DARJEELING: I stayed for a week in Darjeeling, in what has become a war zone. But have been left with no choice now but to leave when last night the ration in the hotel I was staying dwindeled to just four kilographs of rice. My diet for this week has been two meals a day, rice and dal for lunch, and three rotis and dal for dinner.

The demand for Gorkhaland, with the Gorkhaland Mukti Morcha also staking claim to the new district created by West Bengal Chief Minister Mamata Banerjee Kalimpong. The people are divided, many want an end to the agitation, but the GMM is determined not to back off and ordinary citizens are scared of them, as their activists are violent, throw glass bottles, use petrol bombs.

The area sees aggressive protests by the day. And arson by night. Every single night they attack police stations, fire stations, government vehicles, and even public libraries that are being burnt down.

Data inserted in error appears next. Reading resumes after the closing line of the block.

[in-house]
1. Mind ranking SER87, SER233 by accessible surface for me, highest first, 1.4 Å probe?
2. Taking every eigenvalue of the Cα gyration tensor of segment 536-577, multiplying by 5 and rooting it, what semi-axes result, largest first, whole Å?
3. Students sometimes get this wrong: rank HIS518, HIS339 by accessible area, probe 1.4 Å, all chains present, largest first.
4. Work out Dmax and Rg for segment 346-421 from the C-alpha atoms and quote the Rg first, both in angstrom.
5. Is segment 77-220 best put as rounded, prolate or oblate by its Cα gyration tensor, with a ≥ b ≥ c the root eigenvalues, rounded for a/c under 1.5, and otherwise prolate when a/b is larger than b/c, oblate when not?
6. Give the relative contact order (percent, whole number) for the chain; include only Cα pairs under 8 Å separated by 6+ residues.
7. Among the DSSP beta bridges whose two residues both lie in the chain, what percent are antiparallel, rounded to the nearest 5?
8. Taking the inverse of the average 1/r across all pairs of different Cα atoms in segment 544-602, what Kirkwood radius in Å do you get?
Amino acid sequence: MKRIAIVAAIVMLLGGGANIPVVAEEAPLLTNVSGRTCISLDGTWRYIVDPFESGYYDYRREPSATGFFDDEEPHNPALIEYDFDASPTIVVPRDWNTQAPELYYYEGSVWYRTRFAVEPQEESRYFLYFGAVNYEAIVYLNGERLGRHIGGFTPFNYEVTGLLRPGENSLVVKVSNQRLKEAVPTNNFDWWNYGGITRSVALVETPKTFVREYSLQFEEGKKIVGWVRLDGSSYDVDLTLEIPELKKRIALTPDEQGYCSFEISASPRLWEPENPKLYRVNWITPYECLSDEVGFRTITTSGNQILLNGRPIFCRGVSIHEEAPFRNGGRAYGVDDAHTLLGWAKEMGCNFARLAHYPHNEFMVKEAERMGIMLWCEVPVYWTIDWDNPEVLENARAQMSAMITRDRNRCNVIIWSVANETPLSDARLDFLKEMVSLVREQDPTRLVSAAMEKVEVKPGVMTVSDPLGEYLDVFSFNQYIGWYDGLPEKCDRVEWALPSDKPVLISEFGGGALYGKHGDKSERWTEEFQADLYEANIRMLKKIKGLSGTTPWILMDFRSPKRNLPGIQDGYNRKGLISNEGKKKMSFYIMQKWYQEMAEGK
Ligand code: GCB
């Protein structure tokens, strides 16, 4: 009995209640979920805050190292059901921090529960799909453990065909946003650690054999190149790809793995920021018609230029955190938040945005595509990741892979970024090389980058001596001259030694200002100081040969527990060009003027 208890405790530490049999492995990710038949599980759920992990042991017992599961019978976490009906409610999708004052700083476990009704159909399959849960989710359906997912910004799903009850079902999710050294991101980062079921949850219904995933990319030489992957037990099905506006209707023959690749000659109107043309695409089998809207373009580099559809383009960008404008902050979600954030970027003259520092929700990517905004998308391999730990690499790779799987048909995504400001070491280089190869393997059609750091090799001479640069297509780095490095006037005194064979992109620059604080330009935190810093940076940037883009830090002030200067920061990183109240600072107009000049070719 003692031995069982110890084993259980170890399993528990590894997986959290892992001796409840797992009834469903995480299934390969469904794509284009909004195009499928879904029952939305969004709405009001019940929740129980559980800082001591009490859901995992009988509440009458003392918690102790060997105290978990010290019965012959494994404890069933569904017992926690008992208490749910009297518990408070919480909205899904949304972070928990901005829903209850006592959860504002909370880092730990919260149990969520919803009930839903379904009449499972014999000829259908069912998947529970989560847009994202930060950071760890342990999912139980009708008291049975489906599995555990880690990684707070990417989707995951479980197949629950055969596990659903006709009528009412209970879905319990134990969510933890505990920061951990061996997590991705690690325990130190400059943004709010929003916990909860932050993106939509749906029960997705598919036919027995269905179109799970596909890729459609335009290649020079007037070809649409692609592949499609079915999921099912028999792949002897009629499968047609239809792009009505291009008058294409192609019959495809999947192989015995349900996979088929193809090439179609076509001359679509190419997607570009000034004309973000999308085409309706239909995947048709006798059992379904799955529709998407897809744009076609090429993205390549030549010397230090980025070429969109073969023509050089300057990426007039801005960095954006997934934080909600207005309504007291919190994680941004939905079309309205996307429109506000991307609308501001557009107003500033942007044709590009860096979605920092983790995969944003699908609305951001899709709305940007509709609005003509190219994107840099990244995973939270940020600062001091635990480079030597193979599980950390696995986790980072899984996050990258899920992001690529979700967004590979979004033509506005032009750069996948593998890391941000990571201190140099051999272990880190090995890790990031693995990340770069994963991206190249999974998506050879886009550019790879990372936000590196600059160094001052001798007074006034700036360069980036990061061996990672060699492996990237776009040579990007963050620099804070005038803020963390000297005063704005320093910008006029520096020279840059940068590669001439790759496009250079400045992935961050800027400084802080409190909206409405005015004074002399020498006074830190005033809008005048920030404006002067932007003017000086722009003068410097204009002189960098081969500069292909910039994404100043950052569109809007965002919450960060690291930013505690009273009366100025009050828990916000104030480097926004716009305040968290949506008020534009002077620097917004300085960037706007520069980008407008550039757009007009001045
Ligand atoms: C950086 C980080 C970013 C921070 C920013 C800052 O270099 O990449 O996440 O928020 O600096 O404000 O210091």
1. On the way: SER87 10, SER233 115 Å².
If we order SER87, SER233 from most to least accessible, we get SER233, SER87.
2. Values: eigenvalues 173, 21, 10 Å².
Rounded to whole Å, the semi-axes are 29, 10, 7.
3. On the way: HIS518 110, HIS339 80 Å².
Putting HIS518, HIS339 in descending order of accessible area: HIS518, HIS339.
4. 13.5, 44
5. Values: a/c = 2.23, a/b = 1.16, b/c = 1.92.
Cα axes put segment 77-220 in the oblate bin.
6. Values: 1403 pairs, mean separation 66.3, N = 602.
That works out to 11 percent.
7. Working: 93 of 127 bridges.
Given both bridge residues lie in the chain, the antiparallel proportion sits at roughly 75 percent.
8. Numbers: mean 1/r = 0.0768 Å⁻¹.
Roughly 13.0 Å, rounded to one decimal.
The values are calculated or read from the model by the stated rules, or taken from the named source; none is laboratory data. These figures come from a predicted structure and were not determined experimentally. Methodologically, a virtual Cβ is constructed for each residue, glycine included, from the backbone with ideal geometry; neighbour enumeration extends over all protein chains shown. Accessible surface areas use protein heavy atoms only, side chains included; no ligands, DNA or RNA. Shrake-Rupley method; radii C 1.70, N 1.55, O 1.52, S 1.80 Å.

The police is largely ineffective. The Army did come in but has been withdrawn. The chief minister has said that she will not talk until the violence subsides. More so, as she and many others know that the BJP is behind this agitation and is supporting the GMM demand for a separate Gorkhaland. There is some support from Nepal as well, with rations, liquor and medicines accessible in the borders black market. There is no transport at all. I had to walk about eight km from Siliguri, and then got a lift on a motorcycle---fortunate!

It is getting on to a month and the tension shows no sign of abating. The first violence was reported on June 8. The indefinite strike was announced on June 15. Schools, Colleges, Transport, Markets, ATM, Post offices all are closed. Gorkha Janmukti Morcha supporters agitate every single day at Chowk Bazar area, Darjeeling. Children are also participating actively.

At least three persons have been killed, unspecified number injured, and massive property damaged and gutted.

The Citizen Note: Tanmoy Bhaduri is a photographer and has also with his story as told to The Citizen sent the following photographs through a rare Internet connection